The Fort Worth Stockyards are a lasting reminder of “Cowtown”. The collection of businesses flourished with the arrival of the railroad and stood as a lynchpin of the city’s fortunes for nearly a century. The cattle trading district – which also dealt and dispatched sheep and pigs in its heyday – waned in the 1960s as the livestock industry shifted from rail to road for freighting. In 1976, it was listed on the National Register of Historic Places. While it now mainly comprises museums, shops, restaurants and entertainment attractions, the Stockyards hasn’t retired as a player in the livestock game; it still hosts special-breed events and auctions and has turned its attention towards equestrian services. Honky-tonk bars, line dancing venues, heritage architecture and staged gunfights all help satisfy a global appetite for a history and culture that’s quintessentially Texan. M.L. Leddy’s is a legendary shop that brims with handmade leather boots, hats, saddles and full cowboy ensembles. It’s a great place to soak up the Western ambience while you get measured up for a custom pair of boots.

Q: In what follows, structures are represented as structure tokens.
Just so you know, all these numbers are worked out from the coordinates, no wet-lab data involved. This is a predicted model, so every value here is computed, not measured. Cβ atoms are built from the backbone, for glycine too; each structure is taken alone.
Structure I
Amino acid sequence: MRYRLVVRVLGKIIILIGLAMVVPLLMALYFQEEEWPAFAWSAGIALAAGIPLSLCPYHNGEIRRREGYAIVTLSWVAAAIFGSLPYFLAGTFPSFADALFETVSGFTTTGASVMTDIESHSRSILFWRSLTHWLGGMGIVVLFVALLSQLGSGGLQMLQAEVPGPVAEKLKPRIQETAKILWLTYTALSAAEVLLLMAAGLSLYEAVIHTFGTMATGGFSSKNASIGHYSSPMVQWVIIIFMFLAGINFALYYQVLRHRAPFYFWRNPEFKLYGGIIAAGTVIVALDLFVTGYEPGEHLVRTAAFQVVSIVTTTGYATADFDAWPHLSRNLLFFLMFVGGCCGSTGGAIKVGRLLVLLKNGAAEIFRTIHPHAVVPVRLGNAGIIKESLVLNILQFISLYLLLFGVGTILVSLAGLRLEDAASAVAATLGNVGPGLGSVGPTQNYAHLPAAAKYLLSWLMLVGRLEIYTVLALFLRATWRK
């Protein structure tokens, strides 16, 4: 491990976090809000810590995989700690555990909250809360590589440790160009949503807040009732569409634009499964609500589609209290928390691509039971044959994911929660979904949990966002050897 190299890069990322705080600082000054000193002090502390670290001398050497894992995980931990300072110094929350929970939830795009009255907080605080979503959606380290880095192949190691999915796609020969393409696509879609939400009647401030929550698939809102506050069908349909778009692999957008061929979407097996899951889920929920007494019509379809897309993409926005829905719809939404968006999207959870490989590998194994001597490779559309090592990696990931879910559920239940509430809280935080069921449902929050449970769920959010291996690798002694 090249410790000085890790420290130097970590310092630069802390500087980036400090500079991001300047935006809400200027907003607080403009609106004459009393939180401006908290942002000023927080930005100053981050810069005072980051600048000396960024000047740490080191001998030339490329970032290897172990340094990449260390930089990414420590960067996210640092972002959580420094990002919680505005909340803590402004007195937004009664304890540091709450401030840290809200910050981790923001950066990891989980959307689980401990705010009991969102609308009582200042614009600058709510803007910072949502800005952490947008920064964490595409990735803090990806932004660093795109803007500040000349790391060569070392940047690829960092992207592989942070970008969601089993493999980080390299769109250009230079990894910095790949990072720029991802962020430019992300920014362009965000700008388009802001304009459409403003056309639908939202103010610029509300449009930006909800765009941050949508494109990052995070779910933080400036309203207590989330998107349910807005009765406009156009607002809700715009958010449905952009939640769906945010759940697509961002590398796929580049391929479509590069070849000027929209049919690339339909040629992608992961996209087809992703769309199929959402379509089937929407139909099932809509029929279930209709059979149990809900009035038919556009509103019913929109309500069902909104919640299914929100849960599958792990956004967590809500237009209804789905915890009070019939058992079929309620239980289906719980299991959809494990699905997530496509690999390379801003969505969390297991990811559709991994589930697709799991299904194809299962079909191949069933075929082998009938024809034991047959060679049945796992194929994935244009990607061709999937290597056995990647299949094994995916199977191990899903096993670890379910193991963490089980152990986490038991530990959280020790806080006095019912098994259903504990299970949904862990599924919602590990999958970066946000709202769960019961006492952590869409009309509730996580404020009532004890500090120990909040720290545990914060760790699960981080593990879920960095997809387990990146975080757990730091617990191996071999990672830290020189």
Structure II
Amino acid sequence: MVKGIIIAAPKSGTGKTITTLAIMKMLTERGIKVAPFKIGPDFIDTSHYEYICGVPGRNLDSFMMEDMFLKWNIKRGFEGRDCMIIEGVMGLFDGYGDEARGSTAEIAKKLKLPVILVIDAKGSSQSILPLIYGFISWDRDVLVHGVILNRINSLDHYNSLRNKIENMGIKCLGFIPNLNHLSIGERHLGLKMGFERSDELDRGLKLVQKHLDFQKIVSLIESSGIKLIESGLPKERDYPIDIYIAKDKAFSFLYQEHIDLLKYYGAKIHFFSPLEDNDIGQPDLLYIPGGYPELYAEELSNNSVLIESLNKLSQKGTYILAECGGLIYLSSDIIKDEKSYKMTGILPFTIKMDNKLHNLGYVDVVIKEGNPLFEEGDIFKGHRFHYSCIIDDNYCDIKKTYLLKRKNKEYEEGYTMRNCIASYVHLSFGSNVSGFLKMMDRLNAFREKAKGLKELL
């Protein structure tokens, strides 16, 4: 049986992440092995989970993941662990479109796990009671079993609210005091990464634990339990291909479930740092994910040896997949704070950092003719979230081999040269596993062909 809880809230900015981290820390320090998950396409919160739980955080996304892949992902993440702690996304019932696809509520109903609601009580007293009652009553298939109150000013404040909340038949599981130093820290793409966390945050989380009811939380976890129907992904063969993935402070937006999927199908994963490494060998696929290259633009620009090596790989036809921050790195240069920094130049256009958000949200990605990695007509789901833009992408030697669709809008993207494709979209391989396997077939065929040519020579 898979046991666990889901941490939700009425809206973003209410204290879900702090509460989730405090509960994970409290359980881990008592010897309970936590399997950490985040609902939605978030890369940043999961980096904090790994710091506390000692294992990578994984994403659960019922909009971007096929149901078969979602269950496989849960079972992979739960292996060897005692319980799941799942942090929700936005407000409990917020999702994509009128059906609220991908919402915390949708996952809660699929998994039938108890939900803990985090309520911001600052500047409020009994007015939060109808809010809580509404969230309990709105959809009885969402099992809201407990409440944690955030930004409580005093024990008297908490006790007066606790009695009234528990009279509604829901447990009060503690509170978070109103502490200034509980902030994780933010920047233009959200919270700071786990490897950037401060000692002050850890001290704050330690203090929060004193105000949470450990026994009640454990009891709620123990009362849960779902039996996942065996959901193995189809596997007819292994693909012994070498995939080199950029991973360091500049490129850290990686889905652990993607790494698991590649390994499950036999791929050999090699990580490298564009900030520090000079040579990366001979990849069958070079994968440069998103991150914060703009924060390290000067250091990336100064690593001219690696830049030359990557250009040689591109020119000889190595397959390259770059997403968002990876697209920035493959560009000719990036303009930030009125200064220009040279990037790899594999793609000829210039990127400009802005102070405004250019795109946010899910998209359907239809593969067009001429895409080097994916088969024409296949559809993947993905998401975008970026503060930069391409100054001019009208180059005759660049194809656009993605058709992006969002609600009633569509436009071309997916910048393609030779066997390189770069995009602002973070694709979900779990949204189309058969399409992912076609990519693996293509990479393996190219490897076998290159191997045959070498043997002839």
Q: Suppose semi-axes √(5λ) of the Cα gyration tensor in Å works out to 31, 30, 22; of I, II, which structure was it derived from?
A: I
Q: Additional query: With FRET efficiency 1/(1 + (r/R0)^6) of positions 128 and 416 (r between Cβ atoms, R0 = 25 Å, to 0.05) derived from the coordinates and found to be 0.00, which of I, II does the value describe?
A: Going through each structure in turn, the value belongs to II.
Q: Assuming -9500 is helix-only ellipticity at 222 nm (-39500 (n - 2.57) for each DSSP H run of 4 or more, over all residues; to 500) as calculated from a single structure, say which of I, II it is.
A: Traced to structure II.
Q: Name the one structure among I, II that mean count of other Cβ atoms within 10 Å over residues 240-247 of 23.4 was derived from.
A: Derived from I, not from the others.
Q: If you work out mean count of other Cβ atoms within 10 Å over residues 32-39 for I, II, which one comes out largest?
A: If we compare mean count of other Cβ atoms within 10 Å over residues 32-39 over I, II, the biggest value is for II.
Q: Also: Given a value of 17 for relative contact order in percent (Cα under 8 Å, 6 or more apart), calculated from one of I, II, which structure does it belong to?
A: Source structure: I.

A city whose top summer temperatures average 35˚C and have been known to reach 43˚C, Fort Worth has no trouble finding a good use for its Water Gardens. The two-hectare park, situated downtown between Houston and Commerce streets next to the Fort Worth Convention Center, has served as a “cooling oasis in the concrete jungle” since 1974. Not only does it offer respite from the Texas summer heat, it also frees visitors from the noise, frenetic pace and visual bombardment of the urban surrounds. The Gardens’ architect, Philip Johnson of New York, centred the action around three water features: the aerating pool, the quiet pool and the active pool. The last, with its stair-step amphitheatre that sends water sluicing down into its sunken heart below feels like a futuristic man-made beach. The Water Gardens have starred in a few feature films, most notably the dystopian thriller Logan’s Run. Not for the faint of heart, the narrow steps take visitors between the upper level and the central pool, dropping more than 11 metres over angular planes, the deafening rush of water overpowers all other sounds and the design obscures the boundaries between urban planning and public art.
HIGH AND LOW CULTURE